U.S. Markets close in 6 hrs 5 mins

Here's What Colgate-Palmolive Company's (NYSE:CL) ROCE Can Tell Us

Simply Wall St

Today we are going to look at Colgate-Palmolive Company (NYSE:CL) to see whether it might be an attractive investment prospect. In particular, we'll consider its Return On Capital Employed (ROCE), as that can give us insight into how profitably the company is able to employ capital in its business.

First of all, we'll work out how to calculate ROCE. Then we'll compare its ROCE to similar companies. Last but not least, we'll look at what impact its current liabilities have on its ROCE.

Understanding Return On Capital Employed (ROCE)

ROCE is a measure of a company's yearly pre-tax profit (its return), relative to the capital employed in the business. In general, businesses with a higher ROCE are usually better quality. Ultimately, it is a useful but imperfect metric. Author Edwin Whiting says to be careful when comparing the ROCE of different businesses, since 'No two businesses are exactly alike.'

How Do You Calculate Return On Capital Employed?

Analysts use this formula to calculate return on capital employed:

Return on Capital Employed = Earnings Before Interest and Tax (EBIT) ÷ (Total Assets - Current Liabilities)

Or for Colgate-Palmolive:

0.38 = US$3.6b ÷ (US$13b - US$3.8b) (Based on the trailing twelve months to June 2019.)

Therefore, Colgate-Palmolive has an ROCE of 38%.

Check out our latest analysis for Colgate-Palmolive

Is Colgate-Palmolive's ROCE Good?

ROCE can be useful when making comparisons, such as between similar companies. Colgate-Palmolive's ROCE appears to be substantially greater than the 13% average in the Household Products industry. We would consider this a positive, as it suggests it is using capital more effectively than other similar companies. Regardless of the industry comparison, in absolute terms, Colgate-Palmolive's ROCE currently appears to be excellent.

The image below shows how Colgate-Palmolive's ROCE compares to its industry, and you can click it to see more detail on its past growth.

NYSE:CL Past Revenue and Net Income, September 10th 2019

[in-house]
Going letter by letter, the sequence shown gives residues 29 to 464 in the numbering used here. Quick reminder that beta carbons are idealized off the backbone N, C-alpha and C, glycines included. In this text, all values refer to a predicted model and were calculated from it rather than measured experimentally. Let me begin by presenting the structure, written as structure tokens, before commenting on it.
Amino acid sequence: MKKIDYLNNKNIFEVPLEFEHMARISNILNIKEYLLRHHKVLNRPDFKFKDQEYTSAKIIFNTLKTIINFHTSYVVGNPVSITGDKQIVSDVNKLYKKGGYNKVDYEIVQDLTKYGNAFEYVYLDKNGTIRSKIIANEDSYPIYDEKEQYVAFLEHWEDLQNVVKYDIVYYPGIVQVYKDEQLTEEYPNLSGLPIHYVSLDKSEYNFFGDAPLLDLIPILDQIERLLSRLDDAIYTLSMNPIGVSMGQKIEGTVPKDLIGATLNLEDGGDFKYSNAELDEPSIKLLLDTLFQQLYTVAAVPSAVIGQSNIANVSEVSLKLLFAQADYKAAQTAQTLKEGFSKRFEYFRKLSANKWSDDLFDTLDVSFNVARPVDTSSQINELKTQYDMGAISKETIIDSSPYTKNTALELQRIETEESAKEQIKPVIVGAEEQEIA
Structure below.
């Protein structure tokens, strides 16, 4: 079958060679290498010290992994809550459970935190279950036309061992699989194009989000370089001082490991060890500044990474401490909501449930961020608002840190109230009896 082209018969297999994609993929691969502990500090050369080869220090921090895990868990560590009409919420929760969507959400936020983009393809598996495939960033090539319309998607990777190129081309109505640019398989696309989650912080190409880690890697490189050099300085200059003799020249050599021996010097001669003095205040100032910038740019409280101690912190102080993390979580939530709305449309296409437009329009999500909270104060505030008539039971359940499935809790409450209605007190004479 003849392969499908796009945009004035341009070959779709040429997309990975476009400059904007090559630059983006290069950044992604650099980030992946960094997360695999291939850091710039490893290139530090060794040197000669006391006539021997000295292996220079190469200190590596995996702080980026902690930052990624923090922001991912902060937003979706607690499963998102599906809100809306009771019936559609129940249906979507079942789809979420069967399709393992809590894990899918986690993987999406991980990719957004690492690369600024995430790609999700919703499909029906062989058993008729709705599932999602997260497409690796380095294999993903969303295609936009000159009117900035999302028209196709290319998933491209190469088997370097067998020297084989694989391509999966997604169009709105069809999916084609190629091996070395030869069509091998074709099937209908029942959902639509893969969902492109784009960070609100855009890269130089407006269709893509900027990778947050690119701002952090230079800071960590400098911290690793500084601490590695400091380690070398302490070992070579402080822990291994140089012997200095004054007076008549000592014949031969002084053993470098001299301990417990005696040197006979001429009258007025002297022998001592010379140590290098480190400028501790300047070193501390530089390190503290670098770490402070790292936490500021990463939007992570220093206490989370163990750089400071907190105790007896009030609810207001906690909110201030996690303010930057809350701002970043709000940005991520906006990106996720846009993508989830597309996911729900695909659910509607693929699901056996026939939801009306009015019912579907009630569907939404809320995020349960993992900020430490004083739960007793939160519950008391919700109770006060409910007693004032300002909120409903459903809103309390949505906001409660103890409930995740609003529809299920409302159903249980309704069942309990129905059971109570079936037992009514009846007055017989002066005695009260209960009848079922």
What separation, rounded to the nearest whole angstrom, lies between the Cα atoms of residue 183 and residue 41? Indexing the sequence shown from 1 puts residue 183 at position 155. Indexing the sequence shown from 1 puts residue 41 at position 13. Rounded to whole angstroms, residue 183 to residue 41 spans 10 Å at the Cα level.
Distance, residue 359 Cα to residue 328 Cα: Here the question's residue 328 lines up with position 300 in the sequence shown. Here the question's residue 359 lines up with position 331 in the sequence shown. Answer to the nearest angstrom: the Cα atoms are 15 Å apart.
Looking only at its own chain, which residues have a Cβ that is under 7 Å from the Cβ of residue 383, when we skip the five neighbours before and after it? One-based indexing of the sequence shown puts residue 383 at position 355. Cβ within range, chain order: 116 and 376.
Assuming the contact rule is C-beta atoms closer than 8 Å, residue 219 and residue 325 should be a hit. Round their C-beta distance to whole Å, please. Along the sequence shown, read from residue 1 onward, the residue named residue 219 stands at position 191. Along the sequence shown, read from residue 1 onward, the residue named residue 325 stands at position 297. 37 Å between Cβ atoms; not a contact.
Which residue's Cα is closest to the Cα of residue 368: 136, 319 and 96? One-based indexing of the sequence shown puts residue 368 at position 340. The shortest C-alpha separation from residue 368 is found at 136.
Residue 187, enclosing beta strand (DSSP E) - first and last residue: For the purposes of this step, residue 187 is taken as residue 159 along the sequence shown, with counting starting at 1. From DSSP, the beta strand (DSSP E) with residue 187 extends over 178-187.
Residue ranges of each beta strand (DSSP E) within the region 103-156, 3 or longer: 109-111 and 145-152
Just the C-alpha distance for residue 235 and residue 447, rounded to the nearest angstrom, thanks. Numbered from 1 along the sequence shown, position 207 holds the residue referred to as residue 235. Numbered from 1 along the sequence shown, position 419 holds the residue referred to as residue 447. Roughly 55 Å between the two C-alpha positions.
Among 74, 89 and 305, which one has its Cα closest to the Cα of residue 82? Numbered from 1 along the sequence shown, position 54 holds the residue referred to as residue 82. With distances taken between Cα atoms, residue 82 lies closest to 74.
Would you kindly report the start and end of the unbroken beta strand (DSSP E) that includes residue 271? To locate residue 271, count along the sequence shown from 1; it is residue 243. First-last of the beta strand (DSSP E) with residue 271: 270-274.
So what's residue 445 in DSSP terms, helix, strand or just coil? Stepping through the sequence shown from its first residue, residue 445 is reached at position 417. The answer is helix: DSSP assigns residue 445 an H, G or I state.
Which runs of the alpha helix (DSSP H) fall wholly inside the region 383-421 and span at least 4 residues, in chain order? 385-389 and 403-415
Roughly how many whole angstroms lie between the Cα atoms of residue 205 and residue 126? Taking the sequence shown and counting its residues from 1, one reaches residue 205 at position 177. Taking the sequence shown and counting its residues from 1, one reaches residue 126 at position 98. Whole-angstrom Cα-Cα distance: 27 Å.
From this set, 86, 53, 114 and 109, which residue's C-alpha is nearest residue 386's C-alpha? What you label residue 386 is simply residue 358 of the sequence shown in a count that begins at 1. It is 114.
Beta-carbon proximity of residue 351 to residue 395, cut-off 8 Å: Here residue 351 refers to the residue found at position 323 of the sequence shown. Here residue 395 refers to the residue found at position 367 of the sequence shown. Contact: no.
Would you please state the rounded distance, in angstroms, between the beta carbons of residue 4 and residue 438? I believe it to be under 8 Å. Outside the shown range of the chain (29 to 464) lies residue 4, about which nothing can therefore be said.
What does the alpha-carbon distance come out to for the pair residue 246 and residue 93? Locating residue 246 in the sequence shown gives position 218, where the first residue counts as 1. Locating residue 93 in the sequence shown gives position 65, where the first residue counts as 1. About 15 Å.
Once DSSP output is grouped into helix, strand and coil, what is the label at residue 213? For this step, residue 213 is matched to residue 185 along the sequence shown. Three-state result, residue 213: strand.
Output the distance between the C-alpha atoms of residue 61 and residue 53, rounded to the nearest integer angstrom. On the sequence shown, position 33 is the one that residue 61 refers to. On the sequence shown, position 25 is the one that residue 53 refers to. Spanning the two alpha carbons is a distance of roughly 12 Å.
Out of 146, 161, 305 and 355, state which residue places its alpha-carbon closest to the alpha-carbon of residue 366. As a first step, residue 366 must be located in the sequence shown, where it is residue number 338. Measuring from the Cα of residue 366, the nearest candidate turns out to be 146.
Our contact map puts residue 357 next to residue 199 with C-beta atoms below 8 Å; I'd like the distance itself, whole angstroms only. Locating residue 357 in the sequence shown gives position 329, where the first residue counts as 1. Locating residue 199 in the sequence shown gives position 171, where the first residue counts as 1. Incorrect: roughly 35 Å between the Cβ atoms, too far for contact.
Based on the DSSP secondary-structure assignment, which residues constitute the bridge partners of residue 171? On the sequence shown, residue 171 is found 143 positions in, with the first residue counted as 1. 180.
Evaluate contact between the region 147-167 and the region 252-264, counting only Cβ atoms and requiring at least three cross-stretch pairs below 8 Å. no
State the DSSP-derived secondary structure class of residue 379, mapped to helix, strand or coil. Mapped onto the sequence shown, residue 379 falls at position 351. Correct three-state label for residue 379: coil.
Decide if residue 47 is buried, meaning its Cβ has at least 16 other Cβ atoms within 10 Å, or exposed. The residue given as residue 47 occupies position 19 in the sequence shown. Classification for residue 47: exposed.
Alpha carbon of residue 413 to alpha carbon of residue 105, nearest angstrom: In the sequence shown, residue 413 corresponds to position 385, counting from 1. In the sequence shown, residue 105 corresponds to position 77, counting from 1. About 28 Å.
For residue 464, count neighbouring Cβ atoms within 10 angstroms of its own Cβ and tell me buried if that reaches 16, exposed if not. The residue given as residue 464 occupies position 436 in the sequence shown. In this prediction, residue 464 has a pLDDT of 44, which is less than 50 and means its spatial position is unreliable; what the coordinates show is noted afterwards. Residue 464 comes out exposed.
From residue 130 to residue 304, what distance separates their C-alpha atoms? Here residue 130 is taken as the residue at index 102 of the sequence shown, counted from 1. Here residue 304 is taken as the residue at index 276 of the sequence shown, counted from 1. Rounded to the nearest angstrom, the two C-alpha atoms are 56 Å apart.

It is important to remember that ROCE shows past performance, and is not necessarily predictive. ROCE can be deceptive for cyclical businesses, as returns can look incredible in boom times, and terribly low in downturns. This is because ROCE only looks at one year, instead of considering returns across a whole cycle. What happens in the future is pretty important for investors, so we have prepared a free report on analyst forecasts for Colgate-Palmolive.

Do Colgate-Palmolive's Current Liabilities Skew Its ROCE?

Short term (or current) liabilities, are things like supplier invoices, overdrafts, or tax bills that need to be paid within 12 months. Due to the way ROCE is calculated, a high level of current liabilities makes a company look as though it has less capital employed, and thus can (sometimes unfairly) boost the ROCE. To check the impact of this, we calculate if a company has high current liabilities relative to its total assets.

Colgate-Palmolive has total assets of US$13b and current liabilities of US$3.8b. Therefore its current liabilities are equivalent to approximately 29% of its total assets. This is quite a low level of current liabilities which would not greatly boost the already high ROCE.

The Bottom Line On Colgate-Palmolive's ROCE

This is good to see, and with such a high ROCE, Colgate-Palmolive may be worth a closer look. Colgate-Palmolive shapes up well under this analysis, but it is far from the only business delivering excellent numbers . You might also want to check this free collection of companies delivering excellent earnings growth.

I will like Colgate-Palmolive better if I see some big insider buys. While we wait, check out this free list of growing companies with considerable, recent, insider buying.

We aim to bring you long-term focused research analysis driven by fundamental data. Note that our analysis may not factor in the latest price-sensitive company announcements or qualitative material.

If you spot an error that warrants correction, please contact the editor at editorial-team@simplywallst.com. This article by Simply Wall St is general in nature. It does not constitute a recommendation to buy or sell any stock, and does not take account of your objectives, or your financial situation. Simply Wall St has no position in the stocks mentioned. Thank you for reading.